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Andrew wrote:

Hi, guys —

Pax et bonum!

  • How could the Church during the Medieval Ages speak of great theological problems but not even accept heliocentrism?


  { How could the Church speak of great theological problems but not even accept heliocentrism? }

Bob replied:

Hi, Andrew —


There may have been exceptional philosophers but not too many empirical scientists of the same caliber. Galileo suffered from this dearth among his contemporaries, to his great injustice, however, an analogy from today can shed light on his situation and others.

It is hard to imagine when we take so much of it for granted but if someone came along and suddenly taught something that turned our view of the world inside out we may offer the same resistance.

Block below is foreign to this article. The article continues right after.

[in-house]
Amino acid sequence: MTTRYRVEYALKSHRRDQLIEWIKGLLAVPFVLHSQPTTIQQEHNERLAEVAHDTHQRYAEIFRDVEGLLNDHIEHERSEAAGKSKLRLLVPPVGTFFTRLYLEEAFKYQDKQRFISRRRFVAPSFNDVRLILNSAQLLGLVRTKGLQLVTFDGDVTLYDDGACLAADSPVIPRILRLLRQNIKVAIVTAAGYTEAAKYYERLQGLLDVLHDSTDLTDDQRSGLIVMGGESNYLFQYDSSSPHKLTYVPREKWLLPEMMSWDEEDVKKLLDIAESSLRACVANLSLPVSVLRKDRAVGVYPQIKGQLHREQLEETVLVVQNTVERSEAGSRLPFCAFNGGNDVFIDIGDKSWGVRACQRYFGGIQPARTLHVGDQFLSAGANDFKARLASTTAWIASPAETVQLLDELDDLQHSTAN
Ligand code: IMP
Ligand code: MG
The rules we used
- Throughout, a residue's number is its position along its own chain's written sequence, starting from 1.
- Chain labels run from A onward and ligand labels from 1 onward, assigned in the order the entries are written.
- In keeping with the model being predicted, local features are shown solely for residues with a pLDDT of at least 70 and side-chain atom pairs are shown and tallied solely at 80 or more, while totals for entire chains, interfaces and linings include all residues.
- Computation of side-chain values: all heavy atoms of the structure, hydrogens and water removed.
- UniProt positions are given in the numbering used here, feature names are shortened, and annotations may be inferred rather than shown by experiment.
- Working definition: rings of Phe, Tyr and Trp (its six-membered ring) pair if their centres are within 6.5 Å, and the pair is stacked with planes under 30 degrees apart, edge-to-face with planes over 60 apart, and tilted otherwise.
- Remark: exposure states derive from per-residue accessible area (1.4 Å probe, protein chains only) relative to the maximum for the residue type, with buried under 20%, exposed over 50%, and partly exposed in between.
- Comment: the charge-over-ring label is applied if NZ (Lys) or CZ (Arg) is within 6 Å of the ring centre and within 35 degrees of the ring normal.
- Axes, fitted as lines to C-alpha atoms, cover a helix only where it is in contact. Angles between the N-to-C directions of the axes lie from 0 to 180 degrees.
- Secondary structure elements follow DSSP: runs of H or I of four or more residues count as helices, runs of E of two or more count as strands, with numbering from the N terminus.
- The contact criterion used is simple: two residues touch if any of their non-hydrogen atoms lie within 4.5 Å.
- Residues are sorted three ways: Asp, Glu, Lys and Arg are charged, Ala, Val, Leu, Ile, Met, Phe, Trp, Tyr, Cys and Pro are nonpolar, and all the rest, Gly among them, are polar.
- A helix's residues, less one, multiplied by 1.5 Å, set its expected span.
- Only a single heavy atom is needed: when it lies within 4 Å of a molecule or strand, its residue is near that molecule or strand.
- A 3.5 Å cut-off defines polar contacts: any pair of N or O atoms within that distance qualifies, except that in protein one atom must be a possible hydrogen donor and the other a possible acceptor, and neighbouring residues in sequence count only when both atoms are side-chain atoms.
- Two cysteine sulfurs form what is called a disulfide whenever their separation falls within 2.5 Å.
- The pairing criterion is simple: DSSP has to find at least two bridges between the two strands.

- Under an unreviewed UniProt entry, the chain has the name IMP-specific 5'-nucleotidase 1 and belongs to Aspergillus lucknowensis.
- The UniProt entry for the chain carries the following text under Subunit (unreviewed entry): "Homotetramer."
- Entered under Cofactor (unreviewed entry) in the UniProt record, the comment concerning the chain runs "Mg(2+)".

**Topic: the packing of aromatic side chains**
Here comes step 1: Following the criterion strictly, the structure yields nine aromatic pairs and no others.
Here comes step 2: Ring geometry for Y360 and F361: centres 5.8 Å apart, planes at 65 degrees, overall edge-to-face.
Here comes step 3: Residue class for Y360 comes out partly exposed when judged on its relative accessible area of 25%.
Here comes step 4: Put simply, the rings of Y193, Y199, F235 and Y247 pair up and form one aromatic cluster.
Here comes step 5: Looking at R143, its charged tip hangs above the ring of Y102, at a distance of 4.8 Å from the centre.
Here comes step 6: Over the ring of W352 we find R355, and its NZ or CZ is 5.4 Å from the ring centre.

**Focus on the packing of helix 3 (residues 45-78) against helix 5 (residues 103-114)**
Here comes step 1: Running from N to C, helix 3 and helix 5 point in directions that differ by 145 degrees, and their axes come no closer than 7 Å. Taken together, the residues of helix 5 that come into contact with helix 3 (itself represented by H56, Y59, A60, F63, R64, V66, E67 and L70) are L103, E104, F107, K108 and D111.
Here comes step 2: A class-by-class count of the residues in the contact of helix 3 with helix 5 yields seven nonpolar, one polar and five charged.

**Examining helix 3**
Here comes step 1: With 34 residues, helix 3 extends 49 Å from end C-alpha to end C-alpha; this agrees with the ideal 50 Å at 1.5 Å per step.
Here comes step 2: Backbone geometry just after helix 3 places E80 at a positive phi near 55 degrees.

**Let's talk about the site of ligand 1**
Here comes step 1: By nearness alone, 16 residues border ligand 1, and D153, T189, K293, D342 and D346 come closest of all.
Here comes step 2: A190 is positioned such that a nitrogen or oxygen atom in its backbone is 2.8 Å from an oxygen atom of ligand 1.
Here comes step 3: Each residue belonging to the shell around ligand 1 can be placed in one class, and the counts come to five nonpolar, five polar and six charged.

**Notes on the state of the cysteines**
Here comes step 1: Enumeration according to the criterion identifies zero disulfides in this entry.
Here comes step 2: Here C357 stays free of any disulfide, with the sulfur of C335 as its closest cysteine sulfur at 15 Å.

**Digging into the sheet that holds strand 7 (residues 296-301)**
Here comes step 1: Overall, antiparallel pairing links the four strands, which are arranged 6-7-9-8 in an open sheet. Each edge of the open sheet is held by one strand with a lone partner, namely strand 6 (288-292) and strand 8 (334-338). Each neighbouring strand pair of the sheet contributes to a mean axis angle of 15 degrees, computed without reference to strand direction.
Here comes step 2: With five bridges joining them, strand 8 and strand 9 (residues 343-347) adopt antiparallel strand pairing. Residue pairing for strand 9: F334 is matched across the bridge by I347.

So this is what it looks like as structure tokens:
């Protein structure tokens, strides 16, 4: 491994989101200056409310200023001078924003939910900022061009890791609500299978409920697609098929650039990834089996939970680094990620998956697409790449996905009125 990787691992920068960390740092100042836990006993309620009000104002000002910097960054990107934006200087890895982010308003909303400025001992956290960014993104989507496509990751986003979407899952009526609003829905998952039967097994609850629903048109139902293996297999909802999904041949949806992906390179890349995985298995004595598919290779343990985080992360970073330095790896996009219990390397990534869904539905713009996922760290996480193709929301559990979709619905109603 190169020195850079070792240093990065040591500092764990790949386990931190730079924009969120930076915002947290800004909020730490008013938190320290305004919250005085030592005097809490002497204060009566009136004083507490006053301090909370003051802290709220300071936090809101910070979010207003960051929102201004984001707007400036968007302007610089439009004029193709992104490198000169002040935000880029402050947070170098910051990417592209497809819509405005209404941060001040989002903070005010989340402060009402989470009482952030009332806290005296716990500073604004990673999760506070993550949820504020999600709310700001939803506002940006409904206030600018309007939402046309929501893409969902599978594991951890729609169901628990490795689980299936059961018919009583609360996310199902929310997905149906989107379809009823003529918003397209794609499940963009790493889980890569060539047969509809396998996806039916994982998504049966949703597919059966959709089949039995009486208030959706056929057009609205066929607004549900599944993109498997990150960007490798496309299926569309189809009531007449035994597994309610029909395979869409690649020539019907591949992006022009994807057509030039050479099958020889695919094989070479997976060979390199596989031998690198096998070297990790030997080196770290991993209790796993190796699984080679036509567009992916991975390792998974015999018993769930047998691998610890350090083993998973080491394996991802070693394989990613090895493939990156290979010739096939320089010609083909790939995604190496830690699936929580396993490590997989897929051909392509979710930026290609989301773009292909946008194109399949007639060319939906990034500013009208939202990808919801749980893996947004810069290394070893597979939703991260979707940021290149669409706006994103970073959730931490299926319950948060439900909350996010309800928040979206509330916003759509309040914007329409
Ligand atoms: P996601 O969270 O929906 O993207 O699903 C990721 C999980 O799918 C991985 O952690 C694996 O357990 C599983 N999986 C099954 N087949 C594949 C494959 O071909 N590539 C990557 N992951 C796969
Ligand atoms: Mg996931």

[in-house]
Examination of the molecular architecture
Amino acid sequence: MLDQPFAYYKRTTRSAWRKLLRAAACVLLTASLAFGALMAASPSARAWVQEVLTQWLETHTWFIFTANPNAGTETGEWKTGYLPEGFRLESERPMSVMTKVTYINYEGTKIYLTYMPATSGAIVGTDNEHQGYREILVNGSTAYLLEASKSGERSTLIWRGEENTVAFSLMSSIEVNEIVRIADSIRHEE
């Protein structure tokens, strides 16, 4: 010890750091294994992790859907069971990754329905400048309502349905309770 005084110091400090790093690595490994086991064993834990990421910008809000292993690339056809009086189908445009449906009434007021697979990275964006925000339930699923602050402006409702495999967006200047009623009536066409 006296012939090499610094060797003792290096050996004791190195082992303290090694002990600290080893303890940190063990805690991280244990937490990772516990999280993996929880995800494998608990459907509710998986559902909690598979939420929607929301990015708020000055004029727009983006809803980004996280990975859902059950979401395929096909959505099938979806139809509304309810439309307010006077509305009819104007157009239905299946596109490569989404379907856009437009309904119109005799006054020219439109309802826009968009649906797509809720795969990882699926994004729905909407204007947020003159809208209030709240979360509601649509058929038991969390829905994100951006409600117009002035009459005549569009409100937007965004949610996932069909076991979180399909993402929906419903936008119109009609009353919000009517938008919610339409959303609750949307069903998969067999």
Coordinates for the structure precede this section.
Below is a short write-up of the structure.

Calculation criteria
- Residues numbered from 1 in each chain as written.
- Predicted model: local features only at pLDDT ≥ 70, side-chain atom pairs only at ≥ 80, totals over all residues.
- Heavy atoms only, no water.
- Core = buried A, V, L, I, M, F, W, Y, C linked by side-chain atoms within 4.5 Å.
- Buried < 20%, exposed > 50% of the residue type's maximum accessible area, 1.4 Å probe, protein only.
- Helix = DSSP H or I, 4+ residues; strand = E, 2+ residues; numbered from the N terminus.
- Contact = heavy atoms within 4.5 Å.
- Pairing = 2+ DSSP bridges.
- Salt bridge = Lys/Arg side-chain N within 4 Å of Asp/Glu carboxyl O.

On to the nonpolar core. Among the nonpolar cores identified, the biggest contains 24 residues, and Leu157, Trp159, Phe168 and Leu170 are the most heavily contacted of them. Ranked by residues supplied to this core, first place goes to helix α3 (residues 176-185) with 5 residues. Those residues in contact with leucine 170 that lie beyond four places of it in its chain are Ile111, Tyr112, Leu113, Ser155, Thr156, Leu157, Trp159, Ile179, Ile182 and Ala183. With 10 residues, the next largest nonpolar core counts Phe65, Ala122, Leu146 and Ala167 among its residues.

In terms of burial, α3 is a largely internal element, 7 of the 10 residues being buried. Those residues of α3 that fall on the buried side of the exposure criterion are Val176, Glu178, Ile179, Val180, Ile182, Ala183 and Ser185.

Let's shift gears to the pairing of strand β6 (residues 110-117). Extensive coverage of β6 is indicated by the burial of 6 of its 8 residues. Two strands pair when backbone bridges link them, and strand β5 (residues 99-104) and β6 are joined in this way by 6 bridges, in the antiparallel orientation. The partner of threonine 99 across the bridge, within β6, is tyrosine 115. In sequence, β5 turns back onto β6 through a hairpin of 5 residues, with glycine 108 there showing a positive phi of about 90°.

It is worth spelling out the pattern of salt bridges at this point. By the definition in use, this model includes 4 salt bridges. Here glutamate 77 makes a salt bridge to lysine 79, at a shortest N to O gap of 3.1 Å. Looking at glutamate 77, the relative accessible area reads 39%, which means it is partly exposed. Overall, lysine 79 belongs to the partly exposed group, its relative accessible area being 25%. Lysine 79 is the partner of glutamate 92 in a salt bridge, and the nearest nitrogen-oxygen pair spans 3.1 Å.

Sometimes there is a needed tension between science and philosophy often because politics is enmeshed with it. Take climate change, for example. It is anathema (for the politically correct) to reject the theories of global warming — even though the data has been knowingly falsified, politically charged, and accepted as fact. There is good reason to remain skeptical as many scientists reject the conclusion. They point to sun spots and other natural phenomena as far more powerful than man to affect substantial change. Second, the climate has undergone cyclical changes throughout the epochs, and lastly, political motivations tend to corrupt the scientific interpretation of any data.

So I, and many others, are like the Medieval Church. We won't concede that the facts of climate change are what the political pundits, and the scientists that are aligned with, say they are until the proof supersedes all other data. There is not that level of data without contradiction so I remain skeptical and unmoved.

  • Will history prove me ignorant?

We'll see.


Bob Kirby

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